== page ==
Per- and polyfluoroalkyl compounds

Organic compounds which are fully (per-) or partially (poly-) fluorinated


For the last seventy years, companies have been producing perfluorinated and polyfluorinated alkyl compounds (PFAS) in large quantities to make a wide variety of materials heat, water and grease repellent. In most cases, the focus is on surface treatment, for example of textiles, household goods and building materials, in paper coating and in chemical specialities. However, PFAS are also found in cleaning agents, fire-fighting foams, cable coating, hydraulic fluids and are also used in metallurgy, electronics and medical technology. In this respect, they can get into the environment during production, use and disposal and cause harm to humans.

According to OECD estimates, there are over 4000 PFAS that are partially or fully fluorinated. A basic distinction can be made between polymers and non-polymers. All PFAS are man-made, they do not occur naturally in the environment. Polymers include perfluoropolyethers, polymers with fluorinated side chains and fluoropolymers such as polytetrafluoroethylene (PTFE), which is known in various products under the trade names Teflon®, Scotchgard™ and Goretex®.
Non-polymers consist of both, perfluorinated and polyfluorinated alkyl substances. Perfluorinated compounds can be transformed from polyfluorinated substances, for example by metabolic processes in humans, animals, plants and microorganisms or by non-biological transformation in the environment.

Data from the German environmental specimen bank

PFAS investigations are among the priorities of the German Environmental Specimen Bank. There are a lot of data for perfluorinated as well as for some polyfluorinated alkyl substances from young adults as well as from plants, animals and non-biological samples from inland waters, coasts and terrestrial ecosystems. For most sample types there are not only time series for regulated but also for non-regulated PFAS.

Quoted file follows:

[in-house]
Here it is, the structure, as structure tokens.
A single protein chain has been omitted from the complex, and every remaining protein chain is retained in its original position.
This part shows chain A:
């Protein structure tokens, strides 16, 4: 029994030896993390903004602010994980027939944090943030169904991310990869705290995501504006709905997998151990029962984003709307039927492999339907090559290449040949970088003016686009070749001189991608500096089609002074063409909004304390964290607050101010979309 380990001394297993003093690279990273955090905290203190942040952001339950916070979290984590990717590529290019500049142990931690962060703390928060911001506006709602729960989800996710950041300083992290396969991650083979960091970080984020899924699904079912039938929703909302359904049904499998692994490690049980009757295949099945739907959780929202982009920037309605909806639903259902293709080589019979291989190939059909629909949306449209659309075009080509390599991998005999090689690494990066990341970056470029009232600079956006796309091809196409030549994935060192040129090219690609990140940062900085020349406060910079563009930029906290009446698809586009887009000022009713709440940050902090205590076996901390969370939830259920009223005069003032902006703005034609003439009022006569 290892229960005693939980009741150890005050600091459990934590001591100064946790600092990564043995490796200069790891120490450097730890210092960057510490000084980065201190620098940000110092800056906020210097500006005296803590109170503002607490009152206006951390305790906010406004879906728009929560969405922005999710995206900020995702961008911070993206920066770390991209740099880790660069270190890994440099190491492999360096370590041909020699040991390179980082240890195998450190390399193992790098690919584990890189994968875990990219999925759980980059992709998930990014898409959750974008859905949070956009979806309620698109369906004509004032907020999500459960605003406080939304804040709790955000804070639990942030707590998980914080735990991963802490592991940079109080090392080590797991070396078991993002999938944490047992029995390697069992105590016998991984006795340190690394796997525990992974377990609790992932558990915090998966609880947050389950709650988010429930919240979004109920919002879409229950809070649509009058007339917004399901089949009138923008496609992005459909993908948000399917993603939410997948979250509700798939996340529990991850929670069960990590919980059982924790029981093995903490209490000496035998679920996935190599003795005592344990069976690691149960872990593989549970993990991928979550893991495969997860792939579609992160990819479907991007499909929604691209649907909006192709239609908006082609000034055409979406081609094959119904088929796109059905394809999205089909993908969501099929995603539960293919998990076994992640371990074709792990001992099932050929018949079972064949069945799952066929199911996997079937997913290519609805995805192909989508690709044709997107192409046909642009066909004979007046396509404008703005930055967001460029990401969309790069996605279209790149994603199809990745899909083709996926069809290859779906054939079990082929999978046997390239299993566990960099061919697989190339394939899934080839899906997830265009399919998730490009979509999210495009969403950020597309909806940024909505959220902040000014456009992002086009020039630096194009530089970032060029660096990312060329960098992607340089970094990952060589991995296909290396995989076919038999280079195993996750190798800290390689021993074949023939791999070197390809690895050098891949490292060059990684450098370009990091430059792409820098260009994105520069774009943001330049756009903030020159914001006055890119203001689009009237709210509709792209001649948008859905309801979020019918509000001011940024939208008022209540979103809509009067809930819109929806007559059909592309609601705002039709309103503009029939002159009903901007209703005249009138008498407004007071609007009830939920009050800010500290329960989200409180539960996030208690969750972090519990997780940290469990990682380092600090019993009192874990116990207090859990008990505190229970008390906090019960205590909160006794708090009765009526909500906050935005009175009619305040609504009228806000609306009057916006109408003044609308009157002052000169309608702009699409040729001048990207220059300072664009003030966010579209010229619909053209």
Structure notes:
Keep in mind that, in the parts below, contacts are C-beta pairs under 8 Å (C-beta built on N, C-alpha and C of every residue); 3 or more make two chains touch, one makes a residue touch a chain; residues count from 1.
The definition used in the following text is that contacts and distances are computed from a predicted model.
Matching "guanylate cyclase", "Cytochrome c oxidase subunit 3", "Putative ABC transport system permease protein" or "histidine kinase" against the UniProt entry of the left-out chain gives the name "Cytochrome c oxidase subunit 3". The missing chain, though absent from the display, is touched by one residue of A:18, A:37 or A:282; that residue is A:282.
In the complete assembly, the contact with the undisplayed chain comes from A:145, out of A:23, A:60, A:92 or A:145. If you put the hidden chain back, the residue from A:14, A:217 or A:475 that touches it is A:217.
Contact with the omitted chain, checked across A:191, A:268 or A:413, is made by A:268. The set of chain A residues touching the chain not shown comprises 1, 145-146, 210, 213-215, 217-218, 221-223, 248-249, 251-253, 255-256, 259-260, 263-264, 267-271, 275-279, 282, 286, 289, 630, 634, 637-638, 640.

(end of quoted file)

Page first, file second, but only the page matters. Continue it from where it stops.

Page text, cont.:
Hazards for humans and the environment

Perfluorinated compounds are very persistent in the environment. Depending on their substance properties they are distributed in the environmental media, some compounds also accumulate in the food web. With the oceans and via the air path they can spread over the earth and thus reach even the remote polar regions. Some of the perfluorinated compounds are known to be toxic. Much less is known about the behavior of polyfluorinated alkyl compounds in humans and the environment. This is a major challenge given the estimated number of over 4,000 PFAS.

The lead components of PFAS, i.e. the most frequently studied and toxicologically evaluated substances, are perfluorooctane sulfonic acid (PFOS) and perfluorooctanoic acid (PFOA). PFOS has spread worldwide via water and air and is also detectable in all samples of the Environmental Specimen Bank.

Legal regulations

As early as 2001, the largest producer 3M stopped production of PFOS in Europe. Since 2006, the EU authorities have restricted the use of PFOS with a few exceptions. In 2009, PFOS was included in Annex B of the Stockholm Convention, which regulates the restriction of production and use. PFOS is a priority hazardous substance under the Water Framework Directive (EU, 2017; EU, 2000). The EU countries monitor the environmental quality standard of 9.1 ng/g wet weight fish to assess the good chemical status of waters.